Before leaving for our trip to Kenya and Rwanda with Compassion International four weeks ago, I had several people tell me how the trip would change my life. A handful of people actually used these words: "Africa will get in your blood." I had no idea what that meant. . . although I was hoping that the expensive and time-consuming regimen of shots and oral medications would keep certain parts of our African travel out of my blood!
We returned from Africa two weeks ago last night. While laying in bed last night reading yet another book on Rwanda and the genocide, it suddenly dawned on me that what those folks had predicted was accurate. Most of my media time over the course of the last fourteen days has been spent watching and reading anything and everything I can get my hands on regarding Rwanda and the genocide. I've watched three amazing films. HBO's Sometimes In April, Frontline's Ghosts of Rwanda (horrifying), and Hotel Rwanda. Along with the books and our visit, these films have helped me get to the place where I'm finally able to begin getting my hands around what is a very complex story with a long, long history. Of course, we learn from history. . . or at least we should. That's why I'm always telling my kids to pay attention in History class. Well, that and the fact that I didn't listen when I was their age.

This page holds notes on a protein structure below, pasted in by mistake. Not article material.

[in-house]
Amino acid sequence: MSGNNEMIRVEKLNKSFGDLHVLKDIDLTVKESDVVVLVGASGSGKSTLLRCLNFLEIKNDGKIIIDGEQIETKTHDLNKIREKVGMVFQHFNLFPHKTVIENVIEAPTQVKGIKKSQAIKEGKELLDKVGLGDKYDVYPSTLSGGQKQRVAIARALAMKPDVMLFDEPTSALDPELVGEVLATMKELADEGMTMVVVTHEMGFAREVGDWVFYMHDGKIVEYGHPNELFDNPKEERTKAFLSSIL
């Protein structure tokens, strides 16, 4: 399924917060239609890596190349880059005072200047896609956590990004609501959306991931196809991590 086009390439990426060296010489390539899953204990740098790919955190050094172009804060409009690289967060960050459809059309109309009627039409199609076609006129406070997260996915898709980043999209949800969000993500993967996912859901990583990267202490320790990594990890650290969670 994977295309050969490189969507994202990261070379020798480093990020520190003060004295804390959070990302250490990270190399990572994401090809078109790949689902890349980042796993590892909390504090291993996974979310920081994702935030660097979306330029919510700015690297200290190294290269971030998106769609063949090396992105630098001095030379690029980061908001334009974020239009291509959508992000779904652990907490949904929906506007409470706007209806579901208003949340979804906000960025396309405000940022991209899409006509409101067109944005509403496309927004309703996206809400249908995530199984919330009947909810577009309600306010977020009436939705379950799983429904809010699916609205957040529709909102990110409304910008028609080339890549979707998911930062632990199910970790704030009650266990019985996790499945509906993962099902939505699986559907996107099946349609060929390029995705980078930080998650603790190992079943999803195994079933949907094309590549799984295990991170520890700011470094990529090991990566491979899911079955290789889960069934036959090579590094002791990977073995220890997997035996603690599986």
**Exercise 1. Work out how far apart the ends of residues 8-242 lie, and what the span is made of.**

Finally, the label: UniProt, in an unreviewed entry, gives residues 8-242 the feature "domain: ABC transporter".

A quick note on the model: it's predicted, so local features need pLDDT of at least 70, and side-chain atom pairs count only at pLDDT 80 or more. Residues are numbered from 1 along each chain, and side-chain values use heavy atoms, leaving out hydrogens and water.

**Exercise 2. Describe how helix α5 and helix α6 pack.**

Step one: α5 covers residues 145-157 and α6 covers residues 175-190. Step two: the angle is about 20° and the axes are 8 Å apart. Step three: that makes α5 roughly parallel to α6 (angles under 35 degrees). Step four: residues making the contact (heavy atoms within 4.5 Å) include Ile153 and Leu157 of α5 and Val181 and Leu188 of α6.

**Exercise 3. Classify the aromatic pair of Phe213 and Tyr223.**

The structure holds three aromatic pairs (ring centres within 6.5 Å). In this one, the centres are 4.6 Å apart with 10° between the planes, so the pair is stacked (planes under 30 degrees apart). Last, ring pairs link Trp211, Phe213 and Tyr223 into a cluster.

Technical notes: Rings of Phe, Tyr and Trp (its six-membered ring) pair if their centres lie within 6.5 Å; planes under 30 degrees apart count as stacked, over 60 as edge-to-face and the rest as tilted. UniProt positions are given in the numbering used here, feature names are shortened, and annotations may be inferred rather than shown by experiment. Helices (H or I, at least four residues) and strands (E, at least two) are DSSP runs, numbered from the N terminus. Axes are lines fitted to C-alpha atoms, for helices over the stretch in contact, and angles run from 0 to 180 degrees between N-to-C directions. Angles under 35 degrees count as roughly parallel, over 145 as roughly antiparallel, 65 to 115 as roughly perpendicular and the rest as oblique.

But here's the best thing about history: it continues. And we have the opportunity to respond to what has happened, by shaping what is yet to happen. We may not have control over the course of history, but our convictions and resulting decisions allow us to shape those moments in history God - in His great grace - allows us to be a part of. And that's what so amazing about what's now happening Rwanda. . . and what I hope has gotten and will be getting in my blood.
The book I finished reading in bed last night is probably not very well known or very widely read. To be honest, I would most likely never have picked it up if I hadn't gone to Rwanda myself. . . and if someone from Compassion hadn't recommended it to me as post-trip reading. The book is titled Mirror to the Church: Resurrecting Faith after Genocide in Rwanda, and it's written by Emmanuel Katongole, a Catholic priest from Uganda who is an associate research professor of theology and world Christianity at Duke University. It's one of those short books that packs a powerful punch. Katongole offers a clear and insightful history of what happened in Rwanda before the genocide, including the fast advance of Christianity. He then offers compelling analysis of what happened during the genocide, particularly amongs Christians, who were using machetes to violently kill one another. But Katongole doesn't stop there. He challenges us to learn lessons from this ugly history. He challenges us to never think that "I'd never do that!" or "That will never happen here!"